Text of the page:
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Home Publications Family background and university success: differences in Higher Education access and outcomes in England

Family background and university success: differences in Higher Education access and outcomes in England

Book

Why do fewer teenagers in England from disadvantaged backgrounds go to university than young people from better-off families? Once at university, how well do poorer students fare compared with other students - who drops out from university and who gets the best degrees? After university - who secures better jobs and higher pay? What really has been the impact on university entry of the controversial increases in tuition fees in 2006 and 2012, especially for students from poorer families? Is there no alternative to charging for university places and what do other countries do? What should governments, universities, and schools do to reduce the gaps in university entry and success by family background? And what advice can be given to families and young people themselves deciding between the costs and benefits of university? This book answers these questions using the latest available evidence, drawing on a wealth of data from administrative records of the school and university system and sample surveys of young people and their families. The authors' analysis of the situation in England is set against a background of evidence for other countries. The book provides much needed dispassionate analysis of issues that are at the forefront of both public policy and popular debate on higher education around the world today.

This book:

  • Examines how family background determines university success
  • Analyses who goes to university, who does best at university once they are there, and who succeeds in the labour market following graduation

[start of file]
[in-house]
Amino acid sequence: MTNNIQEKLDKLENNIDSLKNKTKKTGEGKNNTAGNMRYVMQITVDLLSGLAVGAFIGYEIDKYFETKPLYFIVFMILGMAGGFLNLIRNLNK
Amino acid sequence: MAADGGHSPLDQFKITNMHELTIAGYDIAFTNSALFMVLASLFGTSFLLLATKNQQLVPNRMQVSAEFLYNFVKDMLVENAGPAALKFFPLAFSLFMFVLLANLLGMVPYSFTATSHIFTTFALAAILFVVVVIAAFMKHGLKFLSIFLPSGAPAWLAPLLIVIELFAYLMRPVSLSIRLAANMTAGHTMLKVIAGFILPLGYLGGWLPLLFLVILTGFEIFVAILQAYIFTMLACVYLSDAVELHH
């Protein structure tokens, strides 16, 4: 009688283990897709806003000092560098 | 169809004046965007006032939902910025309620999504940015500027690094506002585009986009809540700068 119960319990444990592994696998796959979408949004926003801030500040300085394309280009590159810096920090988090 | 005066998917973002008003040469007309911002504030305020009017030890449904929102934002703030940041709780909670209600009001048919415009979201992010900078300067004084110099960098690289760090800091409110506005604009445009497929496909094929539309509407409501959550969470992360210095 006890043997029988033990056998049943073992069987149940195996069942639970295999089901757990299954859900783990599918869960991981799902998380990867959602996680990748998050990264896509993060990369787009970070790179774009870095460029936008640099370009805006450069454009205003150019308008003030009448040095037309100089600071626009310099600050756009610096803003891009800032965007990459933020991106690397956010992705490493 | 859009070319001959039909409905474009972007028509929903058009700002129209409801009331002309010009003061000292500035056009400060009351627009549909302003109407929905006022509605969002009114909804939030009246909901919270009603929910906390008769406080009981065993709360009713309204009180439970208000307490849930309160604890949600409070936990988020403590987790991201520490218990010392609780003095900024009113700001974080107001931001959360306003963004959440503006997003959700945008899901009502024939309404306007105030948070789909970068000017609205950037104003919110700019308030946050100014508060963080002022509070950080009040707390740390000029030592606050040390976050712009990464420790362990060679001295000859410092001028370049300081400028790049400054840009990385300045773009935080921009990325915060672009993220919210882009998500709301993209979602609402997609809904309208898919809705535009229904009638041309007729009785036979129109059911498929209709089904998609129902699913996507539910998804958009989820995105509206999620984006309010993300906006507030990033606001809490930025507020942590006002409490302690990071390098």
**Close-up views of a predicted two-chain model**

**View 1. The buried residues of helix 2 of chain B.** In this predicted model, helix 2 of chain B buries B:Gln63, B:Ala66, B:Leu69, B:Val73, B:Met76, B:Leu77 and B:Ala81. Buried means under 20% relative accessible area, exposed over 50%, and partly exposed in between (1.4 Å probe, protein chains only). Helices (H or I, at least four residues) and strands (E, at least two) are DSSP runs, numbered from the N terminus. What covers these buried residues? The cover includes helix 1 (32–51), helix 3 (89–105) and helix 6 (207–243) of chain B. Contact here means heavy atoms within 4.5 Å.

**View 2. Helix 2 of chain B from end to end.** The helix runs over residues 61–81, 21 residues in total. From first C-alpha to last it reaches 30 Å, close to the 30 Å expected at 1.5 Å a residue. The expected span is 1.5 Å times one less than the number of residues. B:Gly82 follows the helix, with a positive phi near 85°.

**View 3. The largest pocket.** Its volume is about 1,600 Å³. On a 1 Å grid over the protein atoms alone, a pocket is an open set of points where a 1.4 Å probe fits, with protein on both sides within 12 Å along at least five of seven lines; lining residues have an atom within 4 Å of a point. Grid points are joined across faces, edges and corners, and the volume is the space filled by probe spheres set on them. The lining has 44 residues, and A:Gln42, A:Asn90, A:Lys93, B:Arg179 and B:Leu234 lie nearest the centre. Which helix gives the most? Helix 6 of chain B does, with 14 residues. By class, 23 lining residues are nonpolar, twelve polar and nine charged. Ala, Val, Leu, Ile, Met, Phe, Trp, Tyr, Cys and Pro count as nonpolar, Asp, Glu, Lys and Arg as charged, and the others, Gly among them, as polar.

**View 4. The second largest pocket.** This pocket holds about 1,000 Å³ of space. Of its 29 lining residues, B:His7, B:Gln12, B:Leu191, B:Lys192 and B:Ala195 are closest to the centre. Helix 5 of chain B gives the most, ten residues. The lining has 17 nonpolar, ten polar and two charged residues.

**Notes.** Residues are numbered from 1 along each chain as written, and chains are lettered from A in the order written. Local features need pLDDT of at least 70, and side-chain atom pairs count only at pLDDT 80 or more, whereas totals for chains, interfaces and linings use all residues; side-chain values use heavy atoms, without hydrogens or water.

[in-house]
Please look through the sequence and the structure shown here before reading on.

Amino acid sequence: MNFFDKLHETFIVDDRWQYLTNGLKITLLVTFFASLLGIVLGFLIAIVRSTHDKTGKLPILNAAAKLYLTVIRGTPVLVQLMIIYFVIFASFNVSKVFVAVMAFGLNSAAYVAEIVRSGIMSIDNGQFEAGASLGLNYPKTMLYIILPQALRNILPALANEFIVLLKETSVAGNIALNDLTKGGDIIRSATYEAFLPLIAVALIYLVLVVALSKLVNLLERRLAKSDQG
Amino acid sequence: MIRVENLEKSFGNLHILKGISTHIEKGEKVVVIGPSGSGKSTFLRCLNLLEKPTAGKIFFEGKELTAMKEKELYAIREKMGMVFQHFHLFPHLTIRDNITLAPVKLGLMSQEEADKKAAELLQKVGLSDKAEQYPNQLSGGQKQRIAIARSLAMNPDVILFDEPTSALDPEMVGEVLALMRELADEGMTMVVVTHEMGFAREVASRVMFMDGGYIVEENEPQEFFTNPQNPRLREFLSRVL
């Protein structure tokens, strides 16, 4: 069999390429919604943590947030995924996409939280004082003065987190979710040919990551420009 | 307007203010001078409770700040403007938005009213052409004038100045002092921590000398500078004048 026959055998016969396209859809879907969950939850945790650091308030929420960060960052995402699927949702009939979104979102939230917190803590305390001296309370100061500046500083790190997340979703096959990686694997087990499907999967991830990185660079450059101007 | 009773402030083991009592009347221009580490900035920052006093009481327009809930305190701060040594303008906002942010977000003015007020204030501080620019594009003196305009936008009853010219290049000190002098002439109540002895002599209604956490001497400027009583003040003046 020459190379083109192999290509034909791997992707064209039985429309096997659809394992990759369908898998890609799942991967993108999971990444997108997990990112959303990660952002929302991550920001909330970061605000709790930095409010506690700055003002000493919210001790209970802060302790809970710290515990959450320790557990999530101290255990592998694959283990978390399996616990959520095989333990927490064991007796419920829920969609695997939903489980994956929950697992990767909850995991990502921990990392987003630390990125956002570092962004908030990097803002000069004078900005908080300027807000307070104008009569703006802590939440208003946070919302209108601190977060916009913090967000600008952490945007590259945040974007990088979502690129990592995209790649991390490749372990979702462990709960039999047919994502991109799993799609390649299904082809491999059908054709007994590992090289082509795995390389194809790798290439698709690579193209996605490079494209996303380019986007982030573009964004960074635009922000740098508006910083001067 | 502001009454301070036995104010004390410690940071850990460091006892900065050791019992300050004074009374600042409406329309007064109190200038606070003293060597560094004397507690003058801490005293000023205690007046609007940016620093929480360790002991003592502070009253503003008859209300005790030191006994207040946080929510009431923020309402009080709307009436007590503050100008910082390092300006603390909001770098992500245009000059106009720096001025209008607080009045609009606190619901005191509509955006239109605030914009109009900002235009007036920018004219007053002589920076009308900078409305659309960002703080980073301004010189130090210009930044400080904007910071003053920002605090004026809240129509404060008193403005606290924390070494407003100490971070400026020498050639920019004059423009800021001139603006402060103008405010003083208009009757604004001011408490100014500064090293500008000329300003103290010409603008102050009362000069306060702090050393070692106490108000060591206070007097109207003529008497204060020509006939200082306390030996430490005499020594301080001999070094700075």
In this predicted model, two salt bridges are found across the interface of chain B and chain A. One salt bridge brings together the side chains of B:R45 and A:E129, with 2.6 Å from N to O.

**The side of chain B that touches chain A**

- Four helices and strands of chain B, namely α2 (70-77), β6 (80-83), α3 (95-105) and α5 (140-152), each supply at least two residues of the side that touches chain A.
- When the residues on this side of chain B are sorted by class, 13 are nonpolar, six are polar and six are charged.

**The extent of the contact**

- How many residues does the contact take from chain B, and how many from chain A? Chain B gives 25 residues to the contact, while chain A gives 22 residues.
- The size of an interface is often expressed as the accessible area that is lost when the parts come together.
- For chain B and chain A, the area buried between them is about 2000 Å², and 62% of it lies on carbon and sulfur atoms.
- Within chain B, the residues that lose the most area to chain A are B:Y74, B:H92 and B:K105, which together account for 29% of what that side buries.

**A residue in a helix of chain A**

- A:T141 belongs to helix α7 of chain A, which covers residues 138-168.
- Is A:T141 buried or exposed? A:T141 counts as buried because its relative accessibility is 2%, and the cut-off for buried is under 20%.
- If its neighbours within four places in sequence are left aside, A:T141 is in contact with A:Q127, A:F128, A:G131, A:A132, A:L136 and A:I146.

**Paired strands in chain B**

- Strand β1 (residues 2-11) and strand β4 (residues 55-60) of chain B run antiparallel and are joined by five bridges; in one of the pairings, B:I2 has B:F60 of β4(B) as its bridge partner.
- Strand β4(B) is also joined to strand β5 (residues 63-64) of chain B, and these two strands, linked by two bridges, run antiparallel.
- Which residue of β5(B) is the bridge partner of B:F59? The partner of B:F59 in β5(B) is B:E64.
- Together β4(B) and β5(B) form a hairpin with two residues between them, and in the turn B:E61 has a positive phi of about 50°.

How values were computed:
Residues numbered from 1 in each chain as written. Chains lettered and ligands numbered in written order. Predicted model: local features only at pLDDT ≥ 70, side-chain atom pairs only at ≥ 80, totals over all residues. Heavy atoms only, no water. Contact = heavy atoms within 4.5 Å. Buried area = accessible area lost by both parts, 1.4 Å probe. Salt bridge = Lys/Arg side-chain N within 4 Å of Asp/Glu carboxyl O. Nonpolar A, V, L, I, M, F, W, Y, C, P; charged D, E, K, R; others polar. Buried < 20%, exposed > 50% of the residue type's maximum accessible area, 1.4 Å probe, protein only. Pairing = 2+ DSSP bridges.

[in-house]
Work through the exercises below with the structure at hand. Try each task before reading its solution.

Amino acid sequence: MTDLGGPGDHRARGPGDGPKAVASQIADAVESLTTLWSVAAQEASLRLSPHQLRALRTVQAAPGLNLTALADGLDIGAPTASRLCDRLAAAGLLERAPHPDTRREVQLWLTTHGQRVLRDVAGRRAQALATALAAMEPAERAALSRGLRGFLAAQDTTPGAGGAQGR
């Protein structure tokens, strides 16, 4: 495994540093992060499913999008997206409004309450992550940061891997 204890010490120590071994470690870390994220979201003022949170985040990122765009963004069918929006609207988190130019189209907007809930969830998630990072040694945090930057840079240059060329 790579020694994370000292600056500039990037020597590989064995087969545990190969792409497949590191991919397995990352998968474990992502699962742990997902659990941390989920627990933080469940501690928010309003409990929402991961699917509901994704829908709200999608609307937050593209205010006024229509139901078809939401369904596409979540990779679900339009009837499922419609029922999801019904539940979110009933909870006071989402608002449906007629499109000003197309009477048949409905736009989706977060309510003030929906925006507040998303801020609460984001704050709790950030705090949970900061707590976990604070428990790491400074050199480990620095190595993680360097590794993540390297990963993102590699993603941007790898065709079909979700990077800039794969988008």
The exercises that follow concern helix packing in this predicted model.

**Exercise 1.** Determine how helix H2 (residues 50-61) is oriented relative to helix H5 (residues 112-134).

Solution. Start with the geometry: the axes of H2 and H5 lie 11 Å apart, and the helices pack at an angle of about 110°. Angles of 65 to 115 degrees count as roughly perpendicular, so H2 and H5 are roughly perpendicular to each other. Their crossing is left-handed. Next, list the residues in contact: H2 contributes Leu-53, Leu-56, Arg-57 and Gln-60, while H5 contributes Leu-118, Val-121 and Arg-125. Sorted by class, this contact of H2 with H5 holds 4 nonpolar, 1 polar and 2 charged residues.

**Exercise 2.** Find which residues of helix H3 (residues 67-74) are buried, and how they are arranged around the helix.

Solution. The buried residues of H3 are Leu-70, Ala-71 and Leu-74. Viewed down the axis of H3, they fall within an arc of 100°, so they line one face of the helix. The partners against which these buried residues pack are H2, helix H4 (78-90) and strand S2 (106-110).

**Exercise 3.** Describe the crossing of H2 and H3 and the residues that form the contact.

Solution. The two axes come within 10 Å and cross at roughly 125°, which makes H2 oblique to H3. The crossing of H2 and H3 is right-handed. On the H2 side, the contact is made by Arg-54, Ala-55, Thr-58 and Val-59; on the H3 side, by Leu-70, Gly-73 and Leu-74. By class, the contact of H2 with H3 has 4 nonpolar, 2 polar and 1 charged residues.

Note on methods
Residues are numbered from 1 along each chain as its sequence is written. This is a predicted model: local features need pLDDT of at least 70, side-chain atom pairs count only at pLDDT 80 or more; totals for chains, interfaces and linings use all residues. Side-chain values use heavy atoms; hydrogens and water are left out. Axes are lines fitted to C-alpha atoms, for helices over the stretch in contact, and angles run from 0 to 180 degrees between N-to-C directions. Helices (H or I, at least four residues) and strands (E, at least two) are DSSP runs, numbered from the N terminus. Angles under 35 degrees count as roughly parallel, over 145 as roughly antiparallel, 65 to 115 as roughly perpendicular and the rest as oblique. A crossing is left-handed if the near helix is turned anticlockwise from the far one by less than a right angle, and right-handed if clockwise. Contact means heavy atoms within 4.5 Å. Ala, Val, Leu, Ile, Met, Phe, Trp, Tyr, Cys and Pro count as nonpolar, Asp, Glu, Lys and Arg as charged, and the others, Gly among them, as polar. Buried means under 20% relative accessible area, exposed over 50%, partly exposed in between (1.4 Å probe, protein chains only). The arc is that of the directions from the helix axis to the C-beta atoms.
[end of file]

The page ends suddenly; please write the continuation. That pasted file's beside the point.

• Looks at the impact of the 2006 and 2012 tuition fee increases
  • Written in an accessible style that allows information and results to be quickly absorbed
  • Footnotes provide the specialist reader with clear references to the underlying academic papers

Find out more

Report summary
This Executive Summary accompanies a new IFS working paper which uses administrative data to measure how the earnings of English graduates around 10 years into the labour market vary with gender, institution attended, subject and socioeconomic background.
Press release
Graduates from richer family backgrounds earn significantly more after graduation than their poorer counterparts, even after completing the same degrees from the same universities. This is one of many findings in new research published today which looks at the link between earnings and students’ ...
IFS Working Paper W16/06
This paper uses tax and student loan administrative data to measure how the earnings of English graduates around 10 years into the labour market vary with gender, institution attended, subject and socioeconomic background.